Personnel form Christiana Fire Company extricated a 52-year-old man from the car and paramedics transported him to Christiana Hospital. He was last known to be in critical condition, McColley said.

A 44-year-old woman was also taken to the emergency room and was known to be in serious condition as of Wednesday night, he said.

State police are investigating the crash.



Holly Oak robbery suspect at large

By Andrew Sgroi 1:01pm, October 30, 2014 - Updated 3:56pm, October 30, 2014
Do you know this man?
County police are currently searching for a suspect involved in an armed robbery last week and have released this composite sketch to assist their efforts.

The forcible exchange occurred in broad daylight last Friday just before 10 a.m. at the Holly Oak Manor Apartments.

Police say a woman reported having left her apartment building and was approached from behind by an unknown man.

The man pointed a handgun and demanded money from her. She was pistol-whipped several times before supplying his demands by removing items from her pockets.

The man then fled the area on foot. The victim was treated and subsequently released from Wilmington Hospital.


Heroin's big brother seized in Dover

By Andrew Sgroi 10:47am, October 30, 2014 - Updated 3:56pm, October 30, 2014
A Dover drug bust Wednesday collars five people who are facing multiple drug offenses following the finding of nearly eight grams of fentanyl powder.

Dover police say their vice squad executed the search warrant at a home on the first block of South Governors Avenue around 10:30 p.m. Wednesday and discovered the stash of opioid powder in quantities prepared for distribution.

According to the CDC, fentanyl is approximately 80 to 100 times more potent than morphine and many times more potent than heroin.

Defendant Daekwon Tilghman, already wanted by probation officers for cutting off his home-confinement bracelet, was arrested and charged, with four others, for possession with intent to sell.

Police say they seized over 500 bags worth of the deadly powder.


Bicyclist hurt in Ogletown

By Tom Lehman 12:23pm, October 30, 2014 - Updated 1:02pm, October 30, 2014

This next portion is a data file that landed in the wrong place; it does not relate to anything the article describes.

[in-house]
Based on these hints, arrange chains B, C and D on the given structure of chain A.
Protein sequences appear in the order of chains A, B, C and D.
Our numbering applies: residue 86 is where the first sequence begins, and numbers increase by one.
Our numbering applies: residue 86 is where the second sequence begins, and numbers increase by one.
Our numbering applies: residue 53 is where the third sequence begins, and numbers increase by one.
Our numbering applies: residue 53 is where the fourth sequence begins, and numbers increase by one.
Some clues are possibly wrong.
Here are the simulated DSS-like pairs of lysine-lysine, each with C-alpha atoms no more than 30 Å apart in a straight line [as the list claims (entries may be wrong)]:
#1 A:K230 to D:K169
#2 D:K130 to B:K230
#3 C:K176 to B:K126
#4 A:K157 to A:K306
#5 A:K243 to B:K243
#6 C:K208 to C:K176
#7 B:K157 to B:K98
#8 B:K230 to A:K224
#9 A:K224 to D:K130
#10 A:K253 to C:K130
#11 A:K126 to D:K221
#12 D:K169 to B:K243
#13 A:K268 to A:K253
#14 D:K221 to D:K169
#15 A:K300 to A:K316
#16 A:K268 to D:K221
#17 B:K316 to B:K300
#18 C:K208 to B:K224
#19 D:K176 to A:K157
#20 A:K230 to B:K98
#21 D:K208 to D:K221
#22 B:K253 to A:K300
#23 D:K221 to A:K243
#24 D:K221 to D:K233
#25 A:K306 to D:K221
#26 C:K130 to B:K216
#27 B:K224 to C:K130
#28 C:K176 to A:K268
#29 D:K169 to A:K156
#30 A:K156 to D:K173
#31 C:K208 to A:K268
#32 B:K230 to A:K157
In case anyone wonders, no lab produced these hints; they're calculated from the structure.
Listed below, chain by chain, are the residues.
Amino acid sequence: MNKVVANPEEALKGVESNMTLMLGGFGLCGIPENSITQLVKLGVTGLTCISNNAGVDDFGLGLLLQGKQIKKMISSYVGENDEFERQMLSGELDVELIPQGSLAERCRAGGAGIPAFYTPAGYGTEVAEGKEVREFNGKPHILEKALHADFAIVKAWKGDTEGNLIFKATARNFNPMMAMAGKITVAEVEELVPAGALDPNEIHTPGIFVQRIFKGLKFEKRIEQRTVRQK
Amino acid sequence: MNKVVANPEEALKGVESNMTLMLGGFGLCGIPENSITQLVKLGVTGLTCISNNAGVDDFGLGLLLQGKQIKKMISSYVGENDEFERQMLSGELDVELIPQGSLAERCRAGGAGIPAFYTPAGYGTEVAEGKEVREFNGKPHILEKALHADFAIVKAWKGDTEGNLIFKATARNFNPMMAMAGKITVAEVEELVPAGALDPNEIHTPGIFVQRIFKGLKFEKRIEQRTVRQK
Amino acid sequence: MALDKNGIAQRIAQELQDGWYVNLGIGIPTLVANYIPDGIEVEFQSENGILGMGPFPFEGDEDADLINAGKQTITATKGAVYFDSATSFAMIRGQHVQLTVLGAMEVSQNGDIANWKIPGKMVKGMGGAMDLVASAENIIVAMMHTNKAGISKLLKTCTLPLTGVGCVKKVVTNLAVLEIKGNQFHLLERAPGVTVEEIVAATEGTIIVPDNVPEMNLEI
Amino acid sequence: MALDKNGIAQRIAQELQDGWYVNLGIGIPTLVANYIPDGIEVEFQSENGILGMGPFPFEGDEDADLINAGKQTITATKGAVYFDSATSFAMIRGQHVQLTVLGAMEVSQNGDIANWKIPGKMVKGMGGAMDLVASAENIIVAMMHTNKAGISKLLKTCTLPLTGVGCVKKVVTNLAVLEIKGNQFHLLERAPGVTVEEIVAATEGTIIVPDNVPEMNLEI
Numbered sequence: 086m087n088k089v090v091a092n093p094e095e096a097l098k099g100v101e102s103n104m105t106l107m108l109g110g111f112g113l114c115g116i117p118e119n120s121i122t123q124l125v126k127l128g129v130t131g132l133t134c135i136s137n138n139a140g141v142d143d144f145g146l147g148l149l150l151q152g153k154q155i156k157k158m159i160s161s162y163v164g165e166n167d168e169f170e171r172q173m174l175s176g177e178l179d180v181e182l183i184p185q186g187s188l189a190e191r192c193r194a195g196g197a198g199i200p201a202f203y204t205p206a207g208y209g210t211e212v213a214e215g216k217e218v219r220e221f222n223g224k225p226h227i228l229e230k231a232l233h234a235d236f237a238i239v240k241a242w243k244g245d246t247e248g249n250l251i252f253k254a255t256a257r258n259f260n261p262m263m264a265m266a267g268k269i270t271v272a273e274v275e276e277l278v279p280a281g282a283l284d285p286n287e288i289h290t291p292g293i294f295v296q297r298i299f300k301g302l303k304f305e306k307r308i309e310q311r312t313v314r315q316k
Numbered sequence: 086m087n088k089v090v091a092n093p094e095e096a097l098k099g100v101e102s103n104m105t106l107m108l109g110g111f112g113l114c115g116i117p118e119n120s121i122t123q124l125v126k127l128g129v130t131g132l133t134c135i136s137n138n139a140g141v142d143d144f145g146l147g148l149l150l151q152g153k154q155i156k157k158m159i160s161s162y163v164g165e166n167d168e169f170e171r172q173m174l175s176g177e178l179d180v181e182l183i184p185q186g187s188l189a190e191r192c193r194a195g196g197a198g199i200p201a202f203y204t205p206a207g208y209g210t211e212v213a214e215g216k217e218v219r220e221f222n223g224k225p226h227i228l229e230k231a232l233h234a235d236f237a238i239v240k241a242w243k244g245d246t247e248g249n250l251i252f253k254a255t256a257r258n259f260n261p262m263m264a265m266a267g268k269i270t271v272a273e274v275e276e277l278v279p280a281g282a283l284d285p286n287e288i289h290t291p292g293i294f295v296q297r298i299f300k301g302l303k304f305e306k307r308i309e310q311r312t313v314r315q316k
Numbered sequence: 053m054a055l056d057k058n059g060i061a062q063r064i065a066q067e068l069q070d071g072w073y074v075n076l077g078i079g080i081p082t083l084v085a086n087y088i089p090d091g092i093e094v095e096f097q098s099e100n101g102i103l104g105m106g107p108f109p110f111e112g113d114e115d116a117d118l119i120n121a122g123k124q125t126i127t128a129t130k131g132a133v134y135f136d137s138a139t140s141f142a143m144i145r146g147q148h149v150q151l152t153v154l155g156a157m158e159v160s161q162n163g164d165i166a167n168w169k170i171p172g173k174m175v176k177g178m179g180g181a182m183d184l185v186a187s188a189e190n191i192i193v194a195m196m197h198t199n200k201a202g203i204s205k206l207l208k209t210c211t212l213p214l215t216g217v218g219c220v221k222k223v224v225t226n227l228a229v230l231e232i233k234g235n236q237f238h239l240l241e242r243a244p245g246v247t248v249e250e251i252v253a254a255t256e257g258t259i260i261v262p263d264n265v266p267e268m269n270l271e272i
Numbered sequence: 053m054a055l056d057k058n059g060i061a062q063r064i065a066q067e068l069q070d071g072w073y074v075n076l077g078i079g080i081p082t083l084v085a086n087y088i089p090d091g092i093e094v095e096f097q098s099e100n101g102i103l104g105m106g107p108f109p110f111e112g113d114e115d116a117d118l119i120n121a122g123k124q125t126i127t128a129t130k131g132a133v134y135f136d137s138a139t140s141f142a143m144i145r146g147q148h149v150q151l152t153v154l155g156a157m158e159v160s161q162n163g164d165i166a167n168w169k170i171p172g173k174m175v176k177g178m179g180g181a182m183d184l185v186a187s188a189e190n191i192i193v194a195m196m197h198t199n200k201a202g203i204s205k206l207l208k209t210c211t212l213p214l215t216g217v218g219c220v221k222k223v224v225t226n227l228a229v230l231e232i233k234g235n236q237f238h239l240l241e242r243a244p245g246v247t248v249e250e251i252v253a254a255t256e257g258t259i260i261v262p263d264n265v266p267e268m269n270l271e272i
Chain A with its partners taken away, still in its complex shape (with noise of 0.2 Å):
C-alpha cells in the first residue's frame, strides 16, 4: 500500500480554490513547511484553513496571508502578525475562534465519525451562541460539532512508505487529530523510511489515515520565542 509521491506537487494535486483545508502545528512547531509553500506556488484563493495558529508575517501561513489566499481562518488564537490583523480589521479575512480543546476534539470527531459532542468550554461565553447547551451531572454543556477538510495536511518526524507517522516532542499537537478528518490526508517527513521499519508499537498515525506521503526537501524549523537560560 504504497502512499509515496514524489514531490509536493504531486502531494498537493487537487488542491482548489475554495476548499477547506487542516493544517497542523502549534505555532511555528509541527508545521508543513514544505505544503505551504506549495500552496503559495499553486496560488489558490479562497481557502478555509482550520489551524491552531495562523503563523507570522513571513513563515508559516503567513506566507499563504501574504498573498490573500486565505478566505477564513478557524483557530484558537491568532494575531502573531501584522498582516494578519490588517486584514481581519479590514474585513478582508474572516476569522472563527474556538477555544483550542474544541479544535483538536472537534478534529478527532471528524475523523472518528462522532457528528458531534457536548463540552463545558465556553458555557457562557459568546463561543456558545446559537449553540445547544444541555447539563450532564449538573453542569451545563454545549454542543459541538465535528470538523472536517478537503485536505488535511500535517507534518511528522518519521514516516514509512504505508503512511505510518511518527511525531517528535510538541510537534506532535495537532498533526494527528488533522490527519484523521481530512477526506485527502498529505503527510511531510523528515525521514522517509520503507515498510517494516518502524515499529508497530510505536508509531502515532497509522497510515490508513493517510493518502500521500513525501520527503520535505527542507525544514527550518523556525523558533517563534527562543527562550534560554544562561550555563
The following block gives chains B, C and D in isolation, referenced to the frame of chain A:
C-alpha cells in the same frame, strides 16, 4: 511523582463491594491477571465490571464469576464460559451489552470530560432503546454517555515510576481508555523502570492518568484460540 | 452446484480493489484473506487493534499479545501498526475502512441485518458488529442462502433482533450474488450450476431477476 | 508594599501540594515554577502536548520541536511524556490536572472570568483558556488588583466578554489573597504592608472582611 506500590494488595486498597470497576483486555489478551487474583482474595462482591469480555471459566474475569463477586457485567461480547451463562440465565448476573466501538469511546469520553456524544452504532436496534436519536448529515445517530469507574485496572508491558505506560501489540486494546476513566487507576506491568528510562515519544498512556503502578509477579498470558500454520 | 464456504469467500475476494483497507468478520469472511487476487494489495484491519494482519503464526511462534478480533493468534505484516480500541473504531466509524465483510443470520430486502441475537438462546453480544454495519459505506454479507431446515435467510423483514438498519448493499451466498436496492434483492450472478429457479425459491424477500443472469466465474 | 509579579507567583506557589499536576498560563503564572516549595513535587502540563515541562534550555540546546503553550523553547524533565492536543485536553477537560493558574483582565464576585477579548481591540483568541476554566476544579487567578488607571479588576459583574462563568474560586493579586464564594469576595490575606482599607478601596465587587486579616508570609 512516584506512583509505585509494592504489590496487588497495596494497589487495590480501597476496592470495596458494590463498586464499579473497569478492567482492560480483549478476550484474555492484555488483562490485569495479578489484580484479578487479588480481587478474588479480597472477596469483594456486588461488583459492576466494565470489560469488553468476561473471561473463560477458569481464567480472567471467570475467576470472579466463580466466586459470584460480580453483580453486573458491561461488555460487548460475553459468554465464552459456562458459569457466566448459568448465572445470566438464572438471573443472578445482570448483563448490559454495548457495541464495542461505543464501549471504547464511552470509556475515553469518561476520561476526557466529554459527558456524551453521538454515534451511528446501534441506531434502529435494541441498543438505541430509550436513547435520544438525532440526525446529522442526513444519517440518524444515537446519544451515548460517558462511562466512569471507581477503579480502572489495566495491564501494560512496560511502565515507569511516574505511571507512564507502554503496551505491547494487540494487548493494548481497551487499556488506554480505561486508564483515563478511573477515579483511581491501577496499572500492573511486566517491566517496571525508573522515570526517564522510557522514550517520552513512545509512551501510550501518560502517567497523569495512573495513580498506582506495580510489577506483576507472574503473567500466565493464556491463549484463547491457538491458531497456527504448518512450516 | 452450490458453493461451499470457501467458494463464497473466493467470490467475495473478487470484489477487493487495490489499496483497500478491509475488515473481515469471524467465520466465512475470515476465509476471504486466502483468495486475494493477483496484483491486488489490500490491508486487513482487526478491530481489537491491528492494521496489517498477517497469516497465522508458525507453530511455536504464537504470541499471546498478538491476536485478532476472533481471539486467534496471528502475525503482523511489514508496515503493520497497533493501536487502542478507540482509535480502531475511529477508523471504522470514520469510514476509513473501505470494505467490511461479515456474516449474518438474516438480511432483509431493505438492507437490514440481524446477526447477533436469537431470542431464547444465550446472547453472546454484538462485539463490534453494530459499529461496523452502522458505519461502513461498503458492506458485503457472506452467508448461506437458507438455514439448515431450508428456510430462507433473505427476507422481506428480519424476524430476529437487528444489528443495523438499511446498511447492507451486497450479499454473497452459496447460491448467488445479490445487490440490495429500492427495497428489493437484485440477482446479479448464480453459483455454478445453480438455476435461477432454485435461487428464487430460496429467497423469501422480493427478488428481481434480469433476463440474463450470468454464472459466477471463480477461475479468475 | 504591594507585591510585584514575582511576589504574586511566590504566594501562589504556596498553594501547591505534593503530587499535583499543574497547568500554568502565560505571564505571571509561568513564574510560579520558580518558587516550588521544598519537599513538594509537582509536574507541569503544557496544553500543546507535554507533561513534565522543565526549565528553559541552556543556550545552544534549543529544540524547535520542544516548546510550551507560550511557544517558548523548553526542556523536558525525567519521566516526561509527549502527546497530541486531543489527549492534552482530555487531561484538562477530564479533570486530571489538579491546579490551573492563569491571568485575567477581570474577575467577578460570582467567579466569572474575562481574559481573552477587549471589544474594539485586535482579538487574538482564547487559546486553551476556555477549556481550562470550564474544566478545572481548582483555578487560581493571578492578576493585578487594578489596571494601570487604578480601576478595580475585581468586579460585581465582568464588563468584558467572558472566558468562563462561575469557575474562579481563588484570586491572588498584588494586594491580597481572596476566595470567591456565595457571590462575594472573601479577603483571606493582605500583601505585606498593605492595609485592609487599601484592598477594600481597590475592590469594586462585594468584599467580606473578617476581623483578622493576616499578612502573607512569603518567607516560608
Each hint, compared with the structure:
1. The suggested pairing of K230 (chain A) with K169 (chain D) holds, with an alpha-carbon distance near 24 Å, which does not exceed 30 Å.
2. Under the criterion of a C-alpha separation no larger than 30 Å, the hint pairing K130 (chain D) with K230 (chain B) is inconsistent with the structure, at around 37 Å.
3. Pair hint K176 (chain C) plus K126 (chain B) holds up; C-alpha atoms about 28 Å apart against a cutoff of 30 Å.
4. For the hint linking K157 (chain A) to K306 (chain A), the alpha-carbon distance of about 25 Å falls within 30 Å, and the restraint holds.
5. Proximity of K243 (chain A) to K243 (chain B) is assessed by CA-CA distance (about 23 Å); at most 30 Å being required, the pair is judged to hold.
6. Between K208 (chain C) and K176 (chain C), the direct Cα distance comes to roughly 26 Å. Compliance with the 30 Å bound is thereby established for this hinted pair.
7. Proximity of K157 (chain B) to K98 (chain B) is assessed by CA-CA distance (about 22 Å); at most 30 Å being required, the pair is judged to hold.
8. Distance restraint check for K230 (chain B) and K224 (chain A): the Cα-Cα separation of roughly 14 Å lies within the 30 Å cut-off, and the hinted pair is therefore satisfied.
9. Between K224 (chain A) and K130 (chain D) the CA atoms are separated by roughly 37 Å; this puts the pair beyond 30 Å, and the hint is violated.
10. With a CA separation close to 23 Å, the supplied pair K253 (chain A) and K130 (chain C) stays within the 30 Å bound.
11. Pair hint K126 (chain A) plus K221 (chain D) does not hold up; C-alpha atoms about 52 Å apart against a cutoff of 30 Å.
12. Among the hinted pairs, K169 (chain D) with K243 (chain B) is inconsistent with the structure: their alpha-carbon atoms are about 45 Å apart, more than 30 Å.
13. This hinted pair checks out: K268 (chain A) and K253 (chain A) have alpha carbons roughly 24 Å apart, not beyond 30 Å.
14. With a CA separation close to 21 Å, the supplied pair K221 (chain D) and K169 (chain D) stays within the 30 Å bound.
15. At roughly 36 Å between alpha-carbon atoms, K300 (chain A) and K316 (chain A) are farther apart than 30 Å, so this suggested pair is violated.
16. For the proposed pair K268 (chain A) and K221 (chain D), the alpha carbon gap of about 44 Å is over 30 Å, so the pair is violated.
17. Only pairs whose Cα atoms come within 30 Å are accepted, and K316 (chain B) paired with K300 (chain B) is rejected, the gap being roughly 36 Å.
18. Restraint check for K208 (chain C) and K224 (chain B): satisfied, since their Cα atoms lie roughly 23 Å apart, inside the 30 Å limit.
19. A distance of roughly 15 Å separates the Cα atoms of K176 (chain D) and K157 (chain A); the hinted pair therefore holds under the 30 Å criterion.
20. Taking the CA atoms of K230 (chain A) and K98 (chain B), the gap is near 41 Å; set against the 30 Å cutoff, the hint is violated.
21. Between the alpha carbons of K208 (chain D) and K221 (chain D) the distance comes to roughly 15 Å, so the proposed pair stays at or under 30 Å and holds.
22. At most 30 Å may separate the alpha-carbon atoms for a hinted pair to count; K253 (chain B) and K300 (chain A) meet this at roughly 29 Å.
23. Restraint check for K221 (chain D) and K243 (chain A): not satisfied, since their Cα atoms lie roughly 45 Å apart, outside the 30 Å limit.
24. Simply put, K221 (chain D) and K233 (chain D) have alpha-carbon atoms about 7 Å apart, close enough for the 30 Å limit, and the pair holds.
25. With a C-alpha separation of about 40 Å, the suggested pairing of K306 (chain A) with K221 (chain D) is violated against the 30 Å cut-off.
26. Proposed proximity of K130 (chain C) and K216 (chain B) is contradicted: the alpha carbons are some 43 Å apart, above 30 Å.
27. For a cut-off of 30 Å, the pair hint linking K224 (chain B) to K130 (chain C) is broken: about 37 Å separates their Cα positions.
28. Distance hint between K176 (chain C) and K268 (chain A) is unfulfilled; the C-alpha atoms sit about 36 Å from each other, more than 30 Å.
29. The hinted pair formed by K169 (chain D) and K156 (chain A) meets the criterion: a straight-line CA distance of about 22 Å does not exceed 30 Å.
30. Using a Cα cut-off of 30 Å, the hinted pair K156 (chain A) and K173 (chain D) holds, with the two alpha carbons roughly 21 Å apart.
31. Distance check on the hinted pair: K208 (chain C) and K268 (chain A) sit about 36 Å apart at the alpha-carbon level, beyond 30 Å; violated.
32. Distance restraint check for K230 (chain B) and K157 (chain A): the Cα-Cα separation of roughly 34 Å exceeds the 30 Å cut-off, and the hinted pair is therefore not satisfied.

A bicyclist was seriously hurt Thursday morning when he was hit by a motor vehicle near Newark this morning, New Castle County paramedics said.

The crash happened about 8:40 a.m. at East Chestnut Hill Road and Salem Church Road, Cpl. Abigail Haas said.

A 23-year-old man was treated at the scene for head, leg and possible internal injuries, Haas said.

The man was last known to be in serious condition at Christiana Hospital, she said.

State police are investigating the crash.


Biden voices support for Northern Ireland talks

By Associated Press 2:30pm, October 30, 2014
Photo courtesy of NBC10
Vice President Joe Biden is throwing his support behind a new round of power-sharing talks in Northern Ireland.

Biden spoke with Irish Prime Minister Enda Kenny. He also held separate phone calls with Peter Robinson, the leader of Northern Ireland's Catholic-Protestant government, and Robinson's deputy, Martin McGuinness.

The White House says Biden discussed with the leaders the role that former U.S. Sen. Gary Hart can play in the talks. The Obama administration recently tapped Hart, a former Democratic presidential candidate, to be its newest envoy to Northern Ireland.

The talks started this month in Belfast amid low hopes of progress. But Biden says the U.S. is willing to help however possible. He says Hart is willing to play a direct role facilitating the talks.


Fearing Ebola? Doctors say get a flu shot

By Associated Press 4:33pm, October 30, 2014
Hospital doctors and nurses say there are a lot of people turning up at the emergency room, thinking they have Ebola.

At a medical conference in Chicago, they've been swapping stories -- including one about an Ohio woman who thought she had Ebola simply because her husband had worked in Dallas, but not with the Ebola patient.

Then there was a New Mexico woman who sought ER testing for Ebola because she had visited Africa two years ago. And two patients in Alabama were worried they were infected after traveling through an airport in Atlanta, the same city where Ebola patients were treated.

Even though the chances are astronomically higher that people actually have the flu or some other bug, Ebola can't always be automatically ruled out. So a patient with the flu could trigger a full-court press in the ER -- with the patient being isolated, and ER staff grabbing the hazardous materials suits.

Doctors say it's one reason why it's especially important for people to get their flu shots this year. Fewer flu cases could mean fewer Ebola false-alarms tying up staff and resources in busy emergency rooms.